Most of the projects Spectral Motion has worked are either horror or sci-fi in nature, two genres which have very different tone and style. "The key to creating creatures that fit the tone of a specific project is to keep a healthy line of communication with the director and to research the source material exhaustively," explained Elizalde. "I have the enviable privilege of counting among my friends many of the most talented and intuitive artists and technicians that Hollywood has to offer. It is their skill and intuition guided by the director's vision that renders successful results.
"Creating something for a horror film pushes us into a dark visceral corner of our imaginations to bring to light horrifying monstrosities. I think these types of assignments prompt us to revisit childhood nightmares or other traumatic moments in our lives. The images we create must carry the energy and emotion of those scary events in order to convincingly bring them to the screen and affect the audience in the desired way.
"Creating sci-fi effects offers a different sort of challenge in that we have to invent new beings based on script descriptions and input from the production staff. This brings a different creative process into play because you have to come up with something that no one has ever seen before but it has to look plausible somehow. In both cases we incorporate all of the recognizable details that convince the audience that what they are witnessing is 'real.' Rick Baker established many of the techniques that we employ regularly to bring our creations to life. He is a true visionary of our time and I am richer for the experience of having worked with him and witnessed the creations from his studio first hand."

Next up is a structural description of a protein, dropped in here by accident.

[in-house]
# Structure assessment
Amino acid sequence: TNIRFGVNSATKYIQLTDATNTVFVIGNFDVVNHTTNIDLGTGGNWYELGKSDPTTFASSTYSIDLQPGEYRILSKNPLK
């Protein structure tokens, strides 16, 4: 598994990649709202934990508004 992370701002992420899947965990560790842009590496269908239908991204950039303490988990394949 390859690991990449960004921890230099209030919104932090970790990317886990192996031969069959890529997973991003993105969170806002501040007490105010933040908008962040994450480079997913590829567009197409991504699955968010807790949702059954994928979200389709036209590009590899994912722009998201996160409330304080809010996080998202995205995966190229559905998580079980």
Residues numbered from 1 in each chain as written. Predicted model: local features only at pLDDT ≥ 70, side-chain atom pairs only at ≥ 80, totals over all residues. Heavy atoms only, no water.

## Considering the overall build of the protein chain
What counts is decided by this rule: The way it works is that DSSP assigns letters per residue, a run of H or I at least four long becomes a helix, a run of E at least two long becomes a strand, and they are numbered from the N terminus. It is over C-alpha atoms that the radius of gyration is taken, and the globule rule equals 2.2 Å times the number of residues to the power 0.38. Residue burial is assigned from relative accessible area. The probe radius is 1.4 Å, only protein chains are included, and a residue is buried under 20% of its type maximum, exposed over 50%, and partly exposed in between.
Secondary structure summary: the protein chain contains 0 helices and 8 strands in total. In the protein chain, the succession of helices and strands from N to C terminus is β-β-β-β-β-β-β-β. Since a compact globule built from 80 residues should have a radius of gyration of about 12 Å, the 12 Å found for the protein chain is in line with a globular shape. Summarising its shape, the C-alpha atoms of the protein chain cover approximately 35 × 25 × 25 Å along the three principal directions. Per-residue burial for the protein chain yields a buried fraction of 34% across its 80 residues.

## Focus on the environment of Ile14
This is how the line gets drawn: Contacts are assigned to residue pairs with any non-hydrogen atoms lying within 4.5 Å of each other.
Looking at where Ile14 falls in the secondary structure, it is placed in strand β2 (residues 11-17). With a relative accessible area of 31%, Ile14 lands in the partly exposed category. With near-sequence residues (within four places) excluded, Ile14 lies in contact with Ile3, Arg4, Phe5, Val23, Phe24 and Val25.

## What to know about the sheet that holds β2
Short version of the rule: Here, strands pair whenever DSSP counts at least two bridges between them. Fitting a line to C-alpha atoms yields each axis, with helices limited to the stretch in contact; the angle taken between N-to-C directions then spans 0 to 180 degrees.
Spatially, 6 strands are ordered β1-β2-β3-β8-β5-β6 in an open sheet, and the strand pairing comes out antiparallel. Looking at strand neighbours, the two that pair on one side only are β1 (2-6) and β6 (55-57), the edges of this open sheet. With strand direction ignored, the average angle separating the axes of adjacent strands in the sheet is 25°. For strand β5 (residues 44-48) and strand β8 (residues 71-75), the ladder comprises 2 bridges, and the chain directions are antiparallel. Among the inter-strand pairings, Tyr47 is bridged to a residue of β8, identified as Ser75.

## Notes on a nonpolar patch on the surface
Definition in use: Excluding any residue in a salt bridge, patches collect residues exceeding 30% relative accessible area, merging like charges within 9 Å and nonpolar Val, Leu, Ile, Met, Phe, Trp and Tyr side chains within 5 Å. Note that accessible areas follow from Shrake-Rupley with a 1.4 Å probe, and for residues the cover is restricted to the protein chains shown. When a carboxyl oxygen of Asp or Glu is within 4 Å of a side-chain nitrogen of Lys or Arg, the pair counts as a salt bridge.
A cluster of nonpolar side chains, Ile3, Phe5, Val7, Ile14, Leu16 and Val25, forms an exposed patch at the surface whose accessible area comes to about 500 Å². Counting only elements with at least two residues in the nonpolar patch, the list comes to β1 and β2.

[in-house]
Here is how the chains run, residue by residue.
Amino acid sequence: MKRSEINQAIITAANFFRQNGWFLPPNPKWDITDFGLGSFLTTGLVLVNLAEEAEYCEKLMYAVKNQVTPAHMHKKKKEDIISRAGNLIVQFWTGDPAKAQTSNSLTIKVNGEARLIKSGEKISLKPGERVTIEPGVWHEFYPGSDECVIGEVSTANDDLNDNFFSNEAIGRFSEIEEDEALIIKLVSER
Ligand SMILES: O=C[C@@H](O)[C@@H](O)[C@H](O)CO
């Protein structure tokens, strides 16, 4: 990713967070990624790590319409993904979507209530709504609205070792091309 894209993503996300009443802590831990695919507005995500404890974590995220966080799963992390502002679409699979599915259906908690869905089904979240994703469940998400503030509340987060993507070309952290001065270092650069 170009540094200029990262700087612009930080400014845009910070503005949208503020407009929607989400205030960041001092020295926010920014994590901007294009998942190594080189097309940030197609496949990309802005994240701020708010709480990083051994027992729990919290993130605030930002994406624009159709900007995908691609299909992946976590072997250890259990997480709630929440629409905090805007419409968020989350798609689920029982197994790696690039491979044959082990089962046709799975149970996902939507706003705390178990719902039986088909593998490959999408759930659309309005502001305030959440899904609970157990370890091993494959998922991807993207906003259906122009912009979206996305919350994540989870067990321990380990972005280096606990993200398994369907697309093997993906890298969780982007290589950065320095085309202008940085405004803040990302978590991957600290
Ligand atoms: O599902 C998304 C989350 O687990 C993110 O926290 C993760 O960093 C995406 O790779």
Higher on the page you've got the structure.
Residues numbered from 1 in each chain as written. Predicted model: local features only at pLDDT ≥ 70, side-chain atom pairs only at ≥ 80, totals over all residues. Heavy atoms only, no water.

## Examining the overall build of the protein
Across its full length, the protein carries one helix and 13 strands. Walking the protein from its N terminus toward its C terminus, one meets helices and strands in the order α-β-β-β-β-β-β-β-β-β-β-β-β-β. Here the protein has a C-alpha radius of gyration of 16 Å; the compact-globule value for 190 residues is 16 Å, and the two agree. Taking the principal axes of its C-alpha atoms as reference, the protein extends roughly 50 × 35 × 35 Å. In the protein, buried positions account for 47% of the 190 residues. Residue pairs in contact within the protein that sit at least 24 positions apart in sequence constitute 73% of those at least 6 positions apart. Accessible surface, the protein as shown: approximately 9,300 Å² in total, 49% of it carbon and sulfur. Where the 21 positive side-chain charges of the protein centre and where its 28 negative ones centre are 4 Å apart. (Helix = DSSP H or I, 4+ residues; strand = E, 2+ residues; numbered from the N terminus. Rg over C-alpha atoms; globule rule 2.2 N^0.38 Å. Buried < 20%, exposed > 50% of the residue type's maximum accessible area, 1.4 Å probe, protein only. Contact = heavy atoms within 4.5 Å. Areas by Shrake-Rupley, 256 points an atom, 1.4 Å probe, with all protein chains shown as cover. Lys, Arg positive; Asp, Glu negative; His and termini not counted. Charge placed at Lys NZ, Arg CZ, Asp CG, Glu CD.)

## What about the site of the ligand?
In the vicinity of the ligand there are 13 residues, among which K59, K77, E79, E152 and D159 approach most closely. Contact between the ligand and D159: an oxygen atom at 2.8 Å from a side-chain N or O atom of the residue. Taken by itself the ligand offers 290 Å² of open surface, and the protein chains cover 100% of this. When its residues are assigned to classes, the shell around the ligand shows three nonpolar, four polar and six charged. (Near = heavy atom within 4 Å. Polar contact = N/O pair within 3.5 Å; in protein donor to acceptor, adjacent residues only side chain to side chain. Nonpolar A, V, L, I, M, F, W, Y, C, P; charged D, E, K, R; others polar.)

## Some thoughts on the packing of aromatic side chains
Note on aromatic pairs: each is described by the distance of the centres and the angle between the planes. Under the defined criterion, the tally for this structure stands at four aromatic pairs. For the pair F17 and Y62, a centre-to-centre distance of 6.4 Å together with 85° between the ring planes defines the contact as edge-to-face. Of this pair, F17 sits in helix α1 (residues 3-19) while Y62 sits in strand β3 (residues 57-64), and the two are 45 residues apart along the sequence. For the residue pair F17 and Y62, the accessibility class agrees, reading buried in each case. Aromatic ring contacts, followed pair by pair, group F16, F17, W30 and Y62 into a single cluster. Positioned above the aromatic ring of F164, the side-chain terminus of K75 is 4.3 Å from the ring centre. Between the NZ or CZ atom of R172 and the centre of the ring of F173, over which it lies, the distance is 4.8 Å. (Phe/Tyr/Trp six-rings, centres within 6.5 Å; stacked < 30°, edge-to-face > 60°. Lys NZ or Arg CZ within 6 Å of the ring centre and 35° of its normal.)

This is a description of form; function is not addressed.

Elizalde was reluctant to give too much away about Spectral Motion's current projects, although he did comment on the visual style for "Blade Trinity." "The look of the film is different from the first two installments and that is directly attributed to David Goyer's refreshing style and Gabriel Beristain's impeccable cinematography," said Elizalde. "David is an awesome creative force and it was a terrific experience working on his film. The main difference in creating the effects for the third film for me was that Spectral built the effects independently working directly for Goyer and New Line Cinema. My involvement in Blade 2 occurred while I was working as a sub-contractor for Steve Johnson through Spectral Motion, Inc."
It's very likely that there is another comic book project in Spectral Motion's future, "I have spoken with Guillermo (del Toro) on a couple of occasions regarding 'Hellboy 2,' but we have not signed anything. We enjoy an excellent relationship with him and he has made it clear to me that he wants us to be involved."
Movie magic is an ever-expanding art form and the effects artists at Spectral Motion are always learning new ways to defy reality. "Each project that we tackle affords us a wealth of information that we carry over from project to project. We pretty much have to invent new methods and techniques each time we are called upon to realize a new being or creature or makeup effect. We employ tried and true methods and we add new information with each iteration of a process. As I mentioned before, Rick Baker and others like Dick Smith and even Lon Chaney Sr. opened our eyes to the limits of how far we can stretch reality. With that bedrock of information at our disposal and with the advent of new materials and technologies coupled with the pioneering spirit we share with our predecessors we are able to create our effects with alarming realism and maximum impact."